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-   -   FIRECalc glitch? (http://www.early-retirement.org/forums/f36/firecalc-glitch-85186.html)

mistermike40 01-27-2017 11:54 AM

FIRECalc glitch?
 
1 Attachment(s)
I ran a "what-if" scenario using 95%... I'm attaching a picture of the results. It should have chose $100,605 (a little greater than 97%) instead of $83,837 (which is called in in the results).

Has anyone seen this before (and know what might cause it)? Other "what-if"s seem to work perfectly.

Thanks in advance!

CardsFan 01-27-2017 12:24 PM

It looks like you actually searched for 100% success, from the wording above the graph. But I am not sure why it did not say $92,221

mistermike40 01-27-2017 12:39 PM

Thanks for your reply CardsFan! I did choose 95% though... it states it correctly in the first line under "FIRECalc results".

And you're right... even if I had chose 100% I would think it would indicate $92,221

Spudd 01-27-2017 12:47 PM

I wonder which is wrong, the graph or the words!

SecondCor521 01-27-2017 01:00 PM

@OP, the investigate tab does contain the slight disclaimer "(usually within 1%)". It is possible that the goal-seek function, given your particular inputs, can't get within 1% of 95% but can get within 5% of 95% (i.e., 100%). I'm not sure why that would be exactly...my guess is that it is an iterative solver that sometimes can't zoom in quickly enough sometimes, so it gives a result that is "somewhat close" quickly rather than a "really close" result slowly.

Usually when I have done searches of this type it will get within 1%. This is the first time I've seen it not do so. My guess as to why is that you're looking at a relatively high spending rate, and it is possible that the site is tuned towards more median spending levels. As an experiment, you could divide all of your inputs by 2 (divide income by 2, spending by 2, assets by 2, etc.) and see if it does better with the investigate function. (Just don't forget to double the resulting spending level again ;-) )

@mistermike, the result of the investigate window will always show the result ($83,837) in the middle and a few data points above and below. The fact that the next higher data point also hit 100% was probably an artifact of it not hitting very close to 95% in the first place.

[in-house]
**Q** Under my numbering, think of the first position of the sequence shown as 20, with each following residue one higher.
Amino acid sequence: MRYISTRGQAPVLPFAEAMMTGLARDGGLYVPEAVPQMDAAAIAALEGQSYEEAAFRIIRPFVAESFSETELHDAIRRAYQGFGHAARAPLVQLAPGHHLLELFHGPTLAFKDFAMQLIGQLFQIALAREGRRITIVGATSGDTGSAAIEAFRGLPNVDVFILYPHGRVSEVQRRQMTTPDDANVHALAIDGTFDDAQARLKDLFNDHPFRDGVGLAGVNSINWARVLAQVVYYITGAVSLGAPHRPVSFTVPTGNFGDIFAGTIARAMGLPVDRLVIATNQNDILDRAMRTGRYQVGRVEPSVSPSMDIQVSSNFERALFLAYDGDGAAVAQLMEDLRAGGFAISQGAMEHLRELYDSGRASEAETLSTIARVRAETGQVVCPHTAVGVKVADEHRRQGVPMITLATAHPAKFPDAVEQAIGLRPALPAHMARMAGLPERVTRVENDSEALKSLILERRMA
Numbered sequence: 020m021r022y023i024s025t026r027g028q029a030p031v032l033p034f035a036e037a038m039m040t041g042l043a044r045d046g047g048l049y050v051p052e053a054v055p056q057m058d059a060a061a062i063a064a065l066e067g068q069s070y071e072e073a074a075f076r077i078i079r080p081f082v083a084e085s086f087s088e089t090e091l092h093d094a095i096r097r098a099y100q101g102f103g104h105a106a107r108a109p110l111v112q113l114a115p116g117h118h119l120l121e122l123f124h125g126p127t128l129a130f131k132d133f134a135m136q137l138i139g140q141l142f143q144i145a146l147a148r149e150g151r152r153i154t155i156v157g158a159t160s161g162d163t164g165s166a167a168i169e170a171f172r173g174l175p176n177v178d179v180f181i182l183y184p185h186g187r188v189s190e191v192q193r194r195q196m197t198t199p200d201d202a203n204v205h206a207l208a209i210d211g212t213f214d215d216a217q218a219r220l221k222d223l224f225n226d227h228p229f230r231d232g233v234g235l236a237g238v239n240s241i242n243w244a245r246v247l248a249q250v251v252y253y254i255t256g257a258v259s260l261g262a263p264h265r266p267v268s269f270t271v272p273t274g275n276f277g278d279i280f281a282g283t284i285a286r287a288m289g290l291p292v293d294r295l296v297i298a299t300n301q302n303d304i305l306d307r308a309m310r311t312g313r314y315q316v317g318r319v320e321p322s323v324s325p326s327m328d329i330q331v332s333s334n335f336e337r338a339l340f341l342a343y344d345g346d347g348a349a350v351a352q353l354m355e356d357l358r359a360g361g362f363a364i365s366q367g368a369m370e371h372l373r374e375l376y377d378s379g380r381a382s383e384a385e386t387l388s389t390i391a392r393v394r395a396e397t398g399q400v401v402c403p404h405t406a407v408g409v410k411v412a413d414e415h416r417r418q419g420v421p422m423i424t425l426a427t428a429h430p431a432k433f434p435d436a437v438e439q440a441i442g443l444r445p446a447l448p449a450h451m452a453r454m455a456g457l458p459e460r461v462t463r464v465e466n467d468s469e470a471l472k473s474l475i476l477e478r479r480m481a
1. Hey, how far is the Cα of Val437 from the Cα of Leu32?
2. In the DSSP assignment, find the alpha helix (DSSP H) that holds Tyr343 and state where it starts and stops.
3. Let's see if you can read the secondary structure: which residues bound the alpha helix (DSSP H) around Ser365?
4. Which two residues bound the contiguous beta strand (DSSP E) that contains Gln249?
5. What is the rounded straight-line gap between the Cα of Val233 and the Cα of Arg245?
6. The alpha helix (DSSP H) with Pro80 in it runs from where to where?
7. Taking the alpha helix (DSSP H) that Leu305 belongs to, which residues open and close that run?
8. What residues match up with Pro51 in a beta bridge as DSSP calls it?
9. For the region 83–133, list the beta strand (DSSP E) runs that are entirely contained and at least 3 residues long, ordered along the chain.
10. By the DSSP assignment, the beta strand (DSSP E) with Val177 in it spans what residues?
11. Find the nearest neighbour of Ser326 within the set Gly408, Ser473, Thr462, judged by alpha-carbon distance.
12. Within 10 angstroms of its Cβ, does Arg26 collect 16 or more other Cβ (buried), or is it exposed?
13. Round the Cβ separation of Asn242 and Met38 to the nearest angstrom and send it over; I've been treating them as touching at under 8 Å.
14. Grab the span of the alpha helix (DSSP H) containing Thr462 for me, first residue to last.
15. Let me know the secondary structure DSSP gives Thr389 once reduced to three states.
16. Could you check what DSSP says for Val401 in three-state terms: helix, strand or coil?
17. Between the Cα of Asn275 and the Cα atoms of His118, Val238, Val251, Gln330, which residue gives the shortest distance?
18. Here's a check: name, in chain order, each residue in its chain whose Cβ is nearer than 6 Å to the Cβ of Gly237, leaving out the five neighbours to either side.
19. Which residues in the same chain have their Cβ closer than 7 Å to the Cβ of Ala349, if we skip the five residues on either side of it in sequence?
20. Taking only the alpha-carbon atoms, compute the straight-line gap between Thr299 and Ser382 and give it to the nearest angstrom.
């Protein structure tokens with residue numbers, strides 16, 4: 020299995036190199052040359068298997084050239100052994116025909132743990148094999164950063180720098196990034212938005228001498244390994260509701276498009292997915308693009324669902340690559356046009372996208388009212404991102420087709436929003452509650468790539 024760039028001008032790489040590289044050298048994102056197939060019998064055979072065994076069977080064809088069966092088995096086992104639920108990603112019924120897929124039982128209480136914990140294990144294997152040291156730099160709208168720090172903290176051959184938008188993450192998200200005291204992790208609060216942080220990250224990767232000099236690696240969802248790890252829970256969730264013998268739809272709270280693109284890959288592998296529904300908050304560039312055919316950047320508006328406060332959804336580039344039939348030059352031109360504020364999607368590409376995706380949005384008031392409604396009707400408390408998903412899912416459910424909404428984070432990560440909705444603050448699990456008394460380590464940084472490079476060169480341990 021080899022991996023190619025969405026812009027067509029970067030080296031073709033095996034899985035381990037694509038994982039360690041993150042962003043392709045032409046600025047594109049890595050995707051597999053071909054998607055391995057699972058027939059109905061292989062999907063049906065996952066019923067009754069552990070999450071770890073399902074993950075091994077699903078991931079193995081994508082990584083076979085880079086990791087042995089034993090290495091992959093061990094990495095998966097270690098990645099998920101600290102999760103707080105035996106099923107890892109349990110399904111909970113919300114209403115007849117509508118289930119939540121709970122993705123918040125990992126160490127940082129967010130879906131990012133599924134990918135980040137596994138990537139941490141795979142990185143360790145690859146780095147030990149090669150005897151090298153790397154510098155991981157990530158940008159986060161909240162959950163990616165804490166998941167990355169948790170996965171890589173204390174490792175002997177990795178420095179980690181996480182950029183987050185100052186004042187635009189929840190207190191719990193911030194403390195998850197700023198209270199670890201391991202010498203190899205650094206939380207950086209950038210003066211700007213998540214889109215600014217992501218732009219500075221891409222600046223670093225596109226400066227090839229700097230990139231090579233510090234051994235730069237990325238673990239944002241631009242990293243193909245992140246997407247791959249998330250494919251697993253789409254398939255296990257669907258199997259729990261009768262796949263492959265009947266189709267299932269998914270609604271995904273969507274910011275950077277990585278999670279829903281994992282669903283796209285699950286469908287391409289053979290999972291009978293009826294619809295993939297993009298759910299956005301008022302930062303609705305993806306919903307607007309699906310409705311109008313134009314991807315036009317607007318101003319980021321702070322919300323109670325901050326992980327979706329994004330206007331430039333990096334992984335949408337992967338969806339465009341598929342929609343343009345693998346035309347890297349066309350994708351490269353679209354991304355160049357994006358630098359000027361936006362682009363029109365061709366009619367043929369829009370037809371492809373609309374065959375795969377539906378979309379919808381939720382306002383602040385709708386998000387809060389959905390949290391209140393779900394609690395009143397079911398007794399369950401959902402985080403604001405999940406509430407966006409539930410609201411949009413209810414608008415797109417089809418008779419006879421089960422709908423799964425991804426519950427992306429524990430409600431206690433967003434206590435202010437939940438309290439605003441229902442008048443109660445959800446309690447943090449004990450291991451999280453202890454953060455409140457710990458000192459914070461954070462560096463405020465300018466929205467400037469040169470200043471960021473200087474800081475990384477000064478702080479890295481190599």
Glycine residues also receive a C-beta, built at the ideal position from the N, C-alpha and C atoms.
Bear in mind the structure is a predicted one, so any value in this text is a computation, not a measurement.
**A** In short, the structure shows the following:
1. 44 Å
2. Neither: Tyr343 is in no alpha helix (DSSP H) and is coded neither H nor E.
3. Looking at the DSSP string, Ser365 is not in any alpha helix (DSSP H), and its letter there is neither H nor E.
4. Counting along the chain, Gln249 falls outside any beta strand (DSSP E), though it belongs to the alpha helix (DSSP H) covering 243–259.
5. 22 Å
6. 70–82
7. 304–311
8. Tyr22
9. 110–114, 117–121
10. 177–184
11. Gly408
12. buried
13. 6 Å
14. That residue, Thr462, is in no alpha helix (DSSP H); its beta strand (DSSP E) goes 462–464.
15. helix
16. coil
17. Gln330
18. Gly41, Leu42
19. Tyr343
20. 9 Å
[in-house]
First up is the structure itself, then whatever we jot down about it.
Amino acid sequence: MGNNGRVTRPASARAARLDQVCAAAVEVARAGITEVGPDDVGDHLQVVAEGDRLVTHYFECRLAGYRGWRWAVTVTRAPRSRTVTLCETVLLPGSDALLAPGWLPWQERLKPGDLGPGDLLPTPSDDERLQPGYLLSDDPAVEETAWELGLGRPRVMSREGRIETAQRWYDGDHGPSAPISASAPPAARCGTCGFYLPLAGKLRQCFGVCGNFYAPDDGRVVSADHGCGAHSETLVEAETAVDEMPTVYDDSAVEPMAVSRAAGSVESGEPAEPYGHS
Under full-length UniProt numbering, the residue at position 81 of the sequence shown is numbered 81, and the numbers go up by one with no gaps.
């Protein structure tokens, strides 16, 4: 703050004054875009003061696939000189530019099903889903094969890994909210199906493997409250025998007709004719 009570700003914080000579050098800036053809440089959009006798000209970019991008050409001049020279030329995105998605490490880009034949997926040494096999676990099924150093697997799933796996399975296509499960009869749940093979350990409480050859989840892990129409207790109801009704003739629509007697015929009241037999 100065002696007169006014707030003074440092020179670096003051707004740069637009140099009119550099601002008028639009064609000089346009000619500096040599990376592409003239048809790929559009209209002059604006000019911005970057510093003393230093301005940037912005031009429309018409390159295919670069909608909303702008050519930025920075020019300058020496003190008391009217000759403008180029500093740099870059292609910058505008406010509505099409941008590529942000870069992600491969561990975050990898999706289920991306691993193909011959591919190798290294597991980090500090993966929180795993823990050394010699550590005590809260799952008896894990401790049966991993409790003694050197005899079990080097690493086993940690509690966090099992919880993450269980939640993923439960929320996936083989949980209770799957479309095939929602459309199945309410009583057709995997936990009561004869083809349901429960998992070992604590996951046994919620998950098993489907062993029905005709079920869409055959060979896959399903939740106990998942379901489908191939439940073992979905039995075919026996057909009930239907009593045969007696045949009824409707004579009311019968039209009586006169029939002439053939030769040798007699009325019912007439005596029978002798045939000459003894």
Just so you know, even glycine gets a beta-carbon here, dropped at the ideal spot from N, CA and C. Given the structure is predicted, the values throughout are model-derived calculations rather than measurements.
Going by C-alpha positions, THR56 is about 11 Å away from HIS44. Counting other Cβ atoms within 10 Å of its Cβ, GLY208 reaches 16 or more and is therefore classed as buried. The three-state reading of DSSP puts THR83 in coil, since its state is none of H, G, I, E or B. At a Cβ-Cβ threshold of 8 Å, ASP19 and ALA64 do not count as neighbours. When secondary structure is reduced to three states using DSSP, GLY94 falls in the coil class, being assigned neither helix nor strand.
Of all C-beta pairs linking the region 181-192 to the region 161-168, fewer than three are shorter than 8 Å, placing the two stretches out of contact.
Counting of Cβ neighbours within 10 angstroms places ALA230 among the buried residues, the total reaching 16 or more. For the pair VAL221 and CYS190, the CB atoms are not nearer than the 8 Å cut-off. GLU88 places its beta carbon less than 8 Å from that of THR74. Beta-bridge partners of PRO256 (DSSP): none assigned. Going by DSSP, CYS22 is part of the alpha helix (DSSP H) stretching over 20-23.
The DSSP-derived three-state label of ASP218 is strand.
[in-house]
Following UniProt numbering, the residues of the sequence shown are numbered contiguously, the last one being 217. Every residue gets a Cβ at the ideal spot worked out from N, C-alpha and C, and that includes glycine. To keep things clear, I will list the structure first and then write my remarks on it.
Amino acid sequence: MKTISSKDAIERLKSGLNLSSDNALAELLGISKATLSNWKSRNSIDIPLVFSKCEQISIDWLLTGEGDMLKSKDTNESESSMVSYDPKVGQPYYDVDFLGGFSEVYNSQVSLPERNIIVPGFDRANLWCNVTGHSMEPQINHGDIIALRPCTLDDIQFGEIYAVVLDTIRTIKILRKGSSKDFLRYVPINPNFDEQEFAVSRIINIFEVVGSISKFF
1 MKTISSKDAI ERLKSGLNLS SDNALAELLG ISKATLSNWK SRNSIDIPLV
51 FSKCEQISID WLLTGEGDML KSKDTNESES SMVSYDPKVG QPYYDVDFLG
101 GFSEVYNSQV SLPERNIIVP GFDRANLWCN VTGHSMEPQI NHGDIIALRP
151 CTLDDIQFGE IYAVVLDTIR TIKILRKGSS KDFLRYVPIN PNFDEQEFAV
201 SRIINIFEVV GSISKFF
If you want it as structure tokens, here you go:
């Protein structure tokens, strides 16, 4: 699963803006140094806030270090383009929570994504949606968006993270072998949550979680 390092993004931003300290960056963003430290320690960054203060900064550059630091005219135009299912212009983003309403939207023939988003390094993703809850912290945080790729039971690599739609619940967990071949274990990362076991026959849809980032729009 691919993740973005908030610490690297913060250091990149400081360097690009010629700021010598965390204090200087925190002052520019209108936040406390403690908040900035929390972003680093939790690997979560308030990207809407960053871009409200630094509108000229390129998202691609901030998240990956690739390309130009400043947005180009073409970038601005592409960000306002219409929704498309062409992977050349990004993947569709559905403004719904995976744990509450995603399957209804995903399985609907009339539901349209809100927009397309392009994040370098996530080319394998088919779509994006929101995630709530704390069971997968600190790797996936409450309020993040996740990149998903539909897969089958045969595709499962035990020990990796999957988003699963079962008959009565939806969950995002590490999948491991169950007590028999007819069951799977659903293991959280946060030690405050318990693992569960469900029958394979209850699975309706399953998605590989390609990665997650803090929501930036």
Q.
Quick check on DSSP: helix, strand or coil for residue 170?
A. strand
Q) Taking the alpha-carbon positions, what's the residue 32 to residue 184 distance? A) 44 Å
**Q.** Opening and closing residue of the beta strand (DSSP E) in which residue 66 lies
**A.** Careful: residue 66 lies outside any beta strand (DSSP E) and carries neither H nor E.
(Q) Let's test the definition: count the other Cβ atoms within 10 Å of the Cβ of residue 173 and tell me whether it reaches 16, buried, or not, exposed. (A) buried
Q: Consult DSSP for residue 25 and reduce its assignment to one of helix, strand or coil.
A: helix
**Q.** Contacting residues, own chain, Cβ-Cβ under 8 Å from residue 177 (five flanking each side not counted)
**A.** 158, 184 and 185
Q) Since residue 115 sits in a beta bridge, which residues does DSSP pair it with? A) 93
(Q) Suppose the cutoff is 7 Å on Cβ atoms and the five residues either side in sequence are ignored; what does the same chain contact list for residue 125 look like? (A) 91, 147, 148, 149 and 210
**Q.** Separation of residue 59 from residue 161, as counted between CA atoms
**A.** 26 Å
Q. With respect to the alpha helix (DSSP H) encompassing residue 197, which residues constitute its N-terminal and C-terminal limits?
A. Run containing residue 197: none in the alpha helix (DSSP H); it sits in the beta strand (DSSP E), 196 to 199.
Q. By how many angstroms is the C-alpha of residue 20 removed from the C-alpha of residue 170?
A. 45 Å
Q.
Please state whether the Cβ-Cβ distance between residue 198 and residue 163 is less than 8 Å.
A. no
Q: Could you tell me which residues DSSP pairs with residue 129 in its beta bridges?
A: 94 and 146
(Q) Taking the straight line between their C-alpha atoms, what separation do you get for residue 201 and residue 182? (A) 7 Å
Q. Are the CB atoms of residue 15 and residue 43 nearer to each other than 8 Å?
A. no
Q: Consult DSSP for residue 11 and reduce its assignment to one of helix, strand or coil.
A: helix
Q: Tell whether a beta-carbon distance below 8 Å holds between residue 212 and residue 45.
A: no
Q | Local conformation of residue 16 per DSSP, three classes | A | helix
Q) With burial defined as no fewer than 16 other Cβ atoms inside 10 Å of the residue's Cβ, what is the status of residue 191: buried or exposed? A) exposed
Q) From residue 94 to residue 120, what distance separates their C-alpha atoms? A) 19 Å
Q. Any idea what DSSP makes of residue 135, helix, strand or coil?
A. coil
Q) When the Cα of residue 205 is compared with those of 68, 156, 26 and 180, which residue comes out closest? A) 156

mistermike40 01-27-2017 06:12 PM

Quote:

Originally Posted by Spudd (Post 1831470)
I wonder which is wrong, the graph or the words!

I think the graph is correct. When I do the reverse (input a spending amount instead of a success %), it gives 100% success at 92K and 97.3% at 100k.

mistermike40 01-27-2017 06:16 PM

Quote:

Originally Posted by SecondCor521 (Post 1831483)
@OP, the investigate tab does contain the slight disclaimer "(usually within 1%)". It is possible that the goal-seek function, given your particular inputs, can't get within 1% of 95% but can get within 5% of 95% (i.e., 100%). I'm not sure why that would be exactly...my guess is that it is an iterative solver that sometimes can't zoom in quickly enough sometimes, so it gives a result that is "somewhat close" quickly rather than a "really close" result slowly.

Usually when I have done searches of this type it will get within 1%. This is the first time I've seen it not do so. My guess as to why is that you're looking at a relatively high spending rate, and it is possible that the site is tuned towards more median spending levels. As an experiment, you could divide all of your inputs by 2 (divide income by 2, spending by 2, assets by 2, etc.) and see if it does better with the investigate function. (Just don't forget to double the resulting spending level again ;-) )

@mistermike, the result of the investigate window will always show the result ($83,837) in the middle and a few data points above and below. The fact that the next higher data point also hit 100% was probably an artifact of it not hitting very close to 95% in the first place.

I'll give that a try but dividing everything by two will keep the same spending rate. I tried the reverse and input the spending amount instead of the success % and it gave me the results on the graph.

I've used FIRECalc often in the past few years and never run across this situation.


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